The transfection procedure used Lipofectamine RNAiMAX (Invitrogen) in accordance with the manufacturer’s instructions. A specific Silencer siRNA (S1 Table) or Silencer Select negative control was utilized at a concentration of 50–75 nM. Following transfection for 24 hours, the cells were subjected to treatment with or without TGF-β1 (2.5 ug/ml) for a duration of 24 hours, subsequently, the cells were harvested. The assessment of transfection efficiency was conducted using real-time PCR.

Pyrosequencing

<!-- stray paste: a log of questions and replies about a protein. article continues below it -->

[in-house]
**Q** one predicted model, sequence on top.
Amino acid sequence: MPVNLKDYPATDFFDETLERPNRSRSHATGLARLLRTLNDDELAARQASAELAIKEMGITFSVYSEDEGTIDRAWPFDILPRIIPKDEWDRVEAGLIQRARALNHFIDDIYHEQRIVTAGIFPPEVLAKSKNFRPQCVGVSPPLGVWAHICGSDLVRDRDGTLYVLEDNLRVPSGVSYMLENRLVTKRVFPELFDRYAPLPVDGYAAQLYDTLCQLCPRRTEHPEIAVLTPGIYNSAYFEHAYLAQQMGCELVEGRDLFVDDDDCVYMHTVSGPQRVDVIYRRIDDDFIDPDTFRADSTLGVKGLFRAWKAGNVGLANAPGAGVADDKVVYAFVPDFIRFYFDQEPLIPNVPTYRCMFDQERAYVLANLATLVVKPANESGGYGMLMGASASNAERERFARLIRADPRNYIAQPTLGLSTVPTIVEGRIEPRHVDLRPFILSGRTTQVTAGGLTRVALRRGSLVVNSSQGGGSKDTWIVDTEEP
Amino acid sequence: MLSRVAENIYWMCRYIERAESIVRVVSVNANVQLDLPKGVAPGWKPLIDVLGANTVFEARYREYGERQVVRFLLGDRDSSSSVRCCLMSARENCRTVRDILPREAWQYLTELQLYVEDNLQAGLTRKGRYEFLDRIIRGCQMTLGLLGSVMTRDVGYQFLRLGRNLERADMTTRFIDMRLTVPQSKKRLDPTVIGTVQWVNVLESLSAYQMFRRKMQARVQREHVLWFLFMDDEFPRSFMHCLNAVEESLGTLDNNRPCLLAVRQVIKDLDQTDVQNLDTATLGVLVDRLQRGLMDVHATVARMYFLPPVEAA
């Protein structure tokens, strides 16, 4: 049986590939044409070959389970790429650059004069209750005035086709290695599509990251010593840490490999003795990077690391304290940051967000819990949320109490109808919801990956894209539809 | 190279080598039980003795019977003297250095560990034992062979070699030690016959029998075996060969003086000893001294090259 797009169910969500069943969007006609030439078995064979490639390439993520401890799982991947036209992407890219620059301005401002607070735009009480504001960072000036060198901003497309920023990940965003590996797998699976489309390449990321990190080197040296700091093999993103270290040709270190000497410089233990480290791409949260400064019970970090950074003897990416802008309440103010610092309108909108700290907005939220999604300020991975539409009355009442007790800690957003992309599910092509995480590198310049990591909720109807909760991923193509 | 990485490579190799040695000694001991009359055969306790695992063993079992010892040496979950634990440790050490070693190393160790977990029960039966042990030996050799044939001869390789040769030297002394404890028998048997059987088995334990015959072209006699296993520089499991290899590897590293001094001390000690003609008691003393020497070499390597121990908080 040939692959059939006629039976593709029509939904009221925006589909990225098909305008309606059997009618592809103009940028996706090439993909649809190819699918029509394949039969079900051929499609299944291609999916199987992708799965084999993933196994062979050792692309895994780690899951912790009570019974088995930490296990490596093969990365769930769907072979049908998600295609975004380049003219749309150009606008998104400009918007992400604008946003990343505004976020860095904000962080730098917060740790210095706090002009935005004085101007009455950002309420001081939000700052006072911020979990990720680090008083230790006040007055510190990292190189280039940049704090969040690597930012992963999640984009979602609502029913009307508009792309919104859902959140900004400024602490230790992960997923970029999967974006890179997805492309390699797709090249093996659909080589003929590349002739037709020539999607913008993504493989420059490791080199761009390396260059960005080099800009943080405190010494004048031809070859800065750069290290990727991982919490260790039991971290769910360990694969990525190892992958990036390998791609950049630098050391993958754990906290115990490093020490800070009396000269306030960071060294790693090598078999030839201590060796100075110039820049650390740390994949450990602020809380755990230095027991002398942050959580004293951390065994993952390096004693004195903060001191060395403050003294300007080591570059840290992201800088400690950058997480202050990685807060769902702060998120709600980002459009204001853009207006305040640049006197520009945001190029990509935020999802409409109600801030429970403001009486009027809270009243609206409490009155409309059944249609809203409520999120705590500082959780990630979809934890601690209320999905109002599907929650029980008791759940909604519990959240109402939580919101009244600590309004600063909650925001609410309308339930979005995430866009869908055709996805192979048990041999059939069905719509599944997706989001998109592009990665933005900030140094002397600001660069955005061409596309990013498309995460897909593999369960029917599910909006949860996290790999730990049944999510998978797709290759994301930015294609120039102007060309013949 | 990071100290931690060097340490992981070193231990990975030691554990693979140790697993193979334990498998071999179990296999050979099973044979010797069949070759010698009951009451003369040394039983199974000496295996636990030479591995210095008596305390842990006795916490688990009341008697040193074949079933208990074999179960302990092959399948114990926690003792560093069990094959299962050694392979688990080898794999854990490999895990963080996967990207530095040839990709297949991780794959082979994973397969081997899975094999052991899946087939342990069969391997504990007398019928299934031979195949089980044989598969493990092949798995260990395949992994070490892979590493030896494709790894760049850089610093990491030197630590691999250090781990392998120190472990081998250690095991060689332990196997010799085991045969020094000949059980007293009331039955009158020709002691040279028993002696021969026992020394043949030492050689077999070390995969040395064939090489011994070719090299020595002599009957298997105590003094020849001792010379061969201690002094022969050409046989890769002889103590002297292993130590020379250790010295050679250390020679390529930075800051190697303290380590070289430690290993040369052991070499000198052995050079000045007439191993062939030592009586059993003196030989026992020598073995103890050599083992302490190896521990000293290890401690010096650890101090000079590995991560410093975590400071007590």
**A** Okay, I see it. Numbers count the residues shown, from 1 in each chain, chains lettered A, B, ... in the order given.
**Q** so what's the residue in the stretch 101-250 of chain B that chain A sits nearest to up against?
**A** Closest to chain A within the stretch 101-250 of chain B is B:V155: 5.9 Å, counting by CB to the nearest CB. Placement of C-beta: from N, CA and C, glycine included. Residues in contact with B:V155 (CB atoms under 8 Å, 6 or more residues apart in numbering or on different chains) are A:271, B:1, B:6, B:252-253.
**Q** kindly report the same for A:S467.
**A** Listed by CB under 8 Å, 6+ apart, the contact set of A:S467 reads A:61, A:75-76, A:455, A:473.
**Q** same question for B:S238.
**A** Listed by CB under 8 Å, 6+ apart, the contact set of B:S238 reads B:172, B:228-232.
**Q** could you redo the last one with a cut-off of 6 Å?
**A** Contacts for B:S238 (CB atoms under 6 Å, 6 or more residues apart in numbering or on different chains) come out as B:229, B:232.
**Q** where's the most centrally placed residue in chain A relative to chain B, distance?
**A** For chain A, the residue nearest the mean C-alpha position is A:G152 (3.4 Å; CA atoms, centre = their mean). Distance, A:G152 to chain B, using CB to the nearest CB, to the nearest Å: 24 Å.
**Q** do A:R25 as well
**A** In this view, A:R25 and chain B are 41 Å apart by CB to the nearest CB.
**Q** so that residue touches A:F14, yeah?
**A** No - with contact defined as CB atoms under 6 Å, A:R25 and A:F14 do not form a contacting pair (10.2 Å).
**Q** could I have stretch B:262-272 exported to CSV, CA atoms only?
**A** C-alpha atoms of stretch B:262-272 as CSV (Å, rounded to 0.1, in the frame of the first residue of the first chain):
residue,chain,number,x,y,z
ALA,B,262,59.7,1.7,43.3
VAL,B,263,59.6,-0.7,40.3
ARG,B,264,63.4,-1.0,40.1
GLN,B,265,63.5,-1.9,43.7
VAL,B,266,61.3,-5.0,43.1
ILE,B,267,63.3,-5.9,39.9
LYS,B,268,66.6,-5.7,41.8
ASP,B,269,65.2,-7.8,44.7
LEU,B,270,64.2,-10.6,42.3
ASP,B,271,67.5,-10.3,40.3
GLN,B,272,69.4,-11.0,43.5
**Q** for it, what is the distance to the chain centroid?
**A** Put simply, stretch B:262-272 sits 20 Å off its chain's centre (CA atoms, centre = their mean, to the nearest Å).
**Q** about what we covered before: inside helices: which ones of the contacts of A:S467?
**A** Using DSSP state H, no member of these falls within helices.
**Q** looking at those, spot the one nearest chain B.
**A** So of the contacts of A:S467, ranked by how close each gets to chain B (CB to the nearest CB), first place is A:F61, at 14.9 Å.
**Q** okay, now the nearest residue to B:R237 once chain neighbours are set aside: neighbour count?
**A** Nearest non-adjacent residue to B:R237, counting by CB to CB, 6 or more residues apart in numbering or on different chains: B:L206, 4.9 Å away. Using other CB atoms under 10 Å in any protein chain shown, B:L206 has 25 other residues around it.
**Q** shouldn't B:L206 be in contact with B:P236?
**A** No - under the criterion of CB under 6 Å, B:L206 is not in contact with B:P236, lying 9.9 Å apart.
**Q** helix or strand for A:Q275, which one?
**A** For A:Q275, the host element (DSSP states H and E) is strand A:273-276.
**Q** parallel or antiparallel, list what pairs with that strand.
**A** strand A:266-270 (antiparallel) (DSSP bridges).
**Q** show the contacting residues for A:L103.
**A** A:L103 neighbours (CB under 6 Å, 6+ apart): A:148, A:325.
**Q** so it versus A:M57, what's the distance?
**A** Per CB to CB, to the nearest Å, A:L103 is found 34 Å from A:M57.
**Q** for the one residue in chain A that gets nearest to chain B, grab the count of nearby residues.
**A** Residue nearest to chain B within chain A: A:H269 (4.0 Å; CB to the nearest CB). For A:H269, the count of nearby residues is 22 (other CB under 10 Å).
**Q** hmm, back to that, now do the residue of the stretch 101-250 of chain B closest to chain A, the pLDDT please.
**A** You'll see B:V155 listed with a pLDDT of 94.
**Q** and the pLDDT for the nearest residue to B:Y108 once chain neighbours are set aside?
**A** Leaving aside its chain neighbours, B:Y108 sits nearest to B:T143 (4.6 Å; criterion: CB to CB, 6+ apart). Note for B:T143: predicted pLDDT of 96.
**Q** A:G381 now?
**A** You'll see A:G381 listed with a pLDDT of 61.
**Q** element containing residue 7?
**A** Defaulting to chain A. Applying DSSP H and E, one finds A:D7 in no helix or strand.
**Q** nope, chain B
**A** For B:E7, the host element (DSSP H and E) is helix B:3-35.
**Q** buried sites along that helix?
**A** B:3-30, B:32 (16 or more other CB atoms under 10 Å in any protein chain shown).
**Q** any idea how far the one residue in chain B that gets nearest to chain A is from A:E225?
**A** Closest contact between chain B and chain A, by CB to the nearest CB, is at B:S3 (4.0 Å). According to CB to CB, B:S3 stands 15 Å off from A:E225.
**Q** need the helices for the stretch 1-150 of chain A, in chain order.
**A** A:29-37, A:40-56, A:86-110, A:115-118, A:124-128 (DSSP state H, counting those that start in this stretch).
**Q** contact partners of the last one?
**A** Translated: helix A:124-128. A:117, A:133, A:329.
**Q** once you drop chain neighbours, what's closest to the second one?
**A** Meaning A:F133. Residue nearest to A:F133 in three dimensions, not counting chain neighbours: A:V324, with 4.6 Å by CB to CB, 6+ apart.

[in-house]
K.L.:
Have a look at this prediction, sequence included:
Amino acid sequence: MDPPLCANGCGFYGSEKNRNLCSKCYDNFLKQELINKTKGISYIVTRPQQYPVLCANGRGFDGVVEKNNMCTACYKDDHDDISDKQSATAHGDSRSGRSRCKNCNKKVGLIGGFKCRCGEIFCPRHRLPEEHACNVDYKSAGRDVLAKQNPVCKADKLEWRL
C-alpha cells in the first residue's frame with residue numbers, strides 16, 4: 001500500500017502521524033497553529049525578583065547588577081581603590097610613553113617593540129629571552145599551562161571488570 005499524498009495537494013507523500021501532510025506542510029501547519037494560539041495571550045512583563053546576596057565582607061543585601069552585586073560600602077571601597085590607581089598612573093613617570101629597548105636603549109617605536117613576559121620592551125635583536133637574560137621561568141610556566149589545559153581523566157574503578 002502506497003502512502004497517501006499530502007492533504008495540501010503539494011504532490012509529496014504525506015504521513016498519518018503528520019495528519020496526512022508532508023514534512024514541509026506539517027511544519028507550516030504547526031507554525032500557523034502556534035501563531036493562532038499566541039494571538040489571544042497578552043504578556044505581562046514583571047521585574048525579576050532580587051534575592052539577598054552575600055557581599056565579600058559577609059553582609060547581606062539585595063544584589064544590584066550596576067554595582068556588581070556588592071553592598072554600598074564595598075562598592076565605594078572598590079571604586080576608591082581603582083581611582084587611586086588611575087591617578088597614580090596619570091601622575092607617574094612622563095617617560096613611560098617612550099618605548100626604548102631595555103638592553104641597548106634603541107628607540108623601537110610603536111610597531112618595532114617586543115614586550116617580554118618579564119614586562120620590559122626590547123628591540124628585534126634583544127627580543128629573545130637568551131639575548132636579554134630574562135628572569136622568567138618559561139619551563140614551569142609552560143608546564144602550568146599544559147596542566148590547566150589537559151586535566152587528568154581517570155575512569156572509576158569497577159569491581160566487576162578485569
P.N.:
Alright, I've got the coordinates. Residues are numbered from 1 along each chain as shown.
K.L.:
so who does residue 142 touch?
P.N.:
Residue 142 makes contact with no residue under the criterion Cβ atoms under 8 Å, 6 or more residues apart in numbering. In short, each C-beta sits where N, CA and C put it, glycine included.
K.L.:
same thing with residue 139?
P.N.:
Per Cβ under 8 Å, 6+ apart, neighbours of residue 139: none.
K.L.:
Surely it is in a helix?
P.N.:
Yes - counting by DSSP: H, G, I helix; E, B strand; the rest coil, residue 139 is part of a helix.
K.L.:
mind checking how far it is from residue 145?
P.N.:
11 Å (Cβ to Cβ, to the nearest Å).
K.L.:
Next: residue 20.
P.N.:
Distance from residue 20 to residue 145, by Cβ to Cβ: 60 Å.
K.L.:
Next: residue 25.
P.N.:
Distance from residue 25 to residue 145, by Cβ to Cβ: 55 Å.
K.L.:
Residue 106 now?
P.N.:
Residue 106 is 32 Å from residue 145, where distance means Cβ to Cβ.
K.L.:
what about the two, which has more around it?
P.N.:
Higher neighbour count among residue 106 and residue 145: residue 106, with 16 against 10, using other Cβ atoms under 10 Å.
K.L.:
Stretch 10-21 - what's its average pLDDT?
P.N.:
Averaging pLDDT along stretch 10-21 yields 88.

Bisulfite treatment of gDNA

A quantity of 500 ng of genomic DNAwas treated with bisulfite using the EZ DNA Methylation kit, produced by Zymo Research, Inc. CA. The DNA was subsequently purified using the manufacturer’s recommended procedure and then rinsed to a final volume of 46 μL.

PCR

PCRs were conducted using 1 μL of DNA that had been treated with bisulfite, along with 0.2 μM of each primer. To purify the final PCR product, a primer was selected and then tagged with biotin. The primer was subjected to high-performance liquid chromatography (HPLC) purification. Following purification, sepharose beads were used to further purify the PCR product.

Human sequence:

YGTTTTGAGGAGGGGAAAGYGGGAAGAGYGATTTTAAGTTTAGGAAATTTTGTAYGGY GTTGGAGYGTGG

Mouse Sequence:

TTYGTTTAYGGATGTTTTTTTTTTATAGYGGAATGAATYGYGGAGYGGGAGG

Pyrosequencing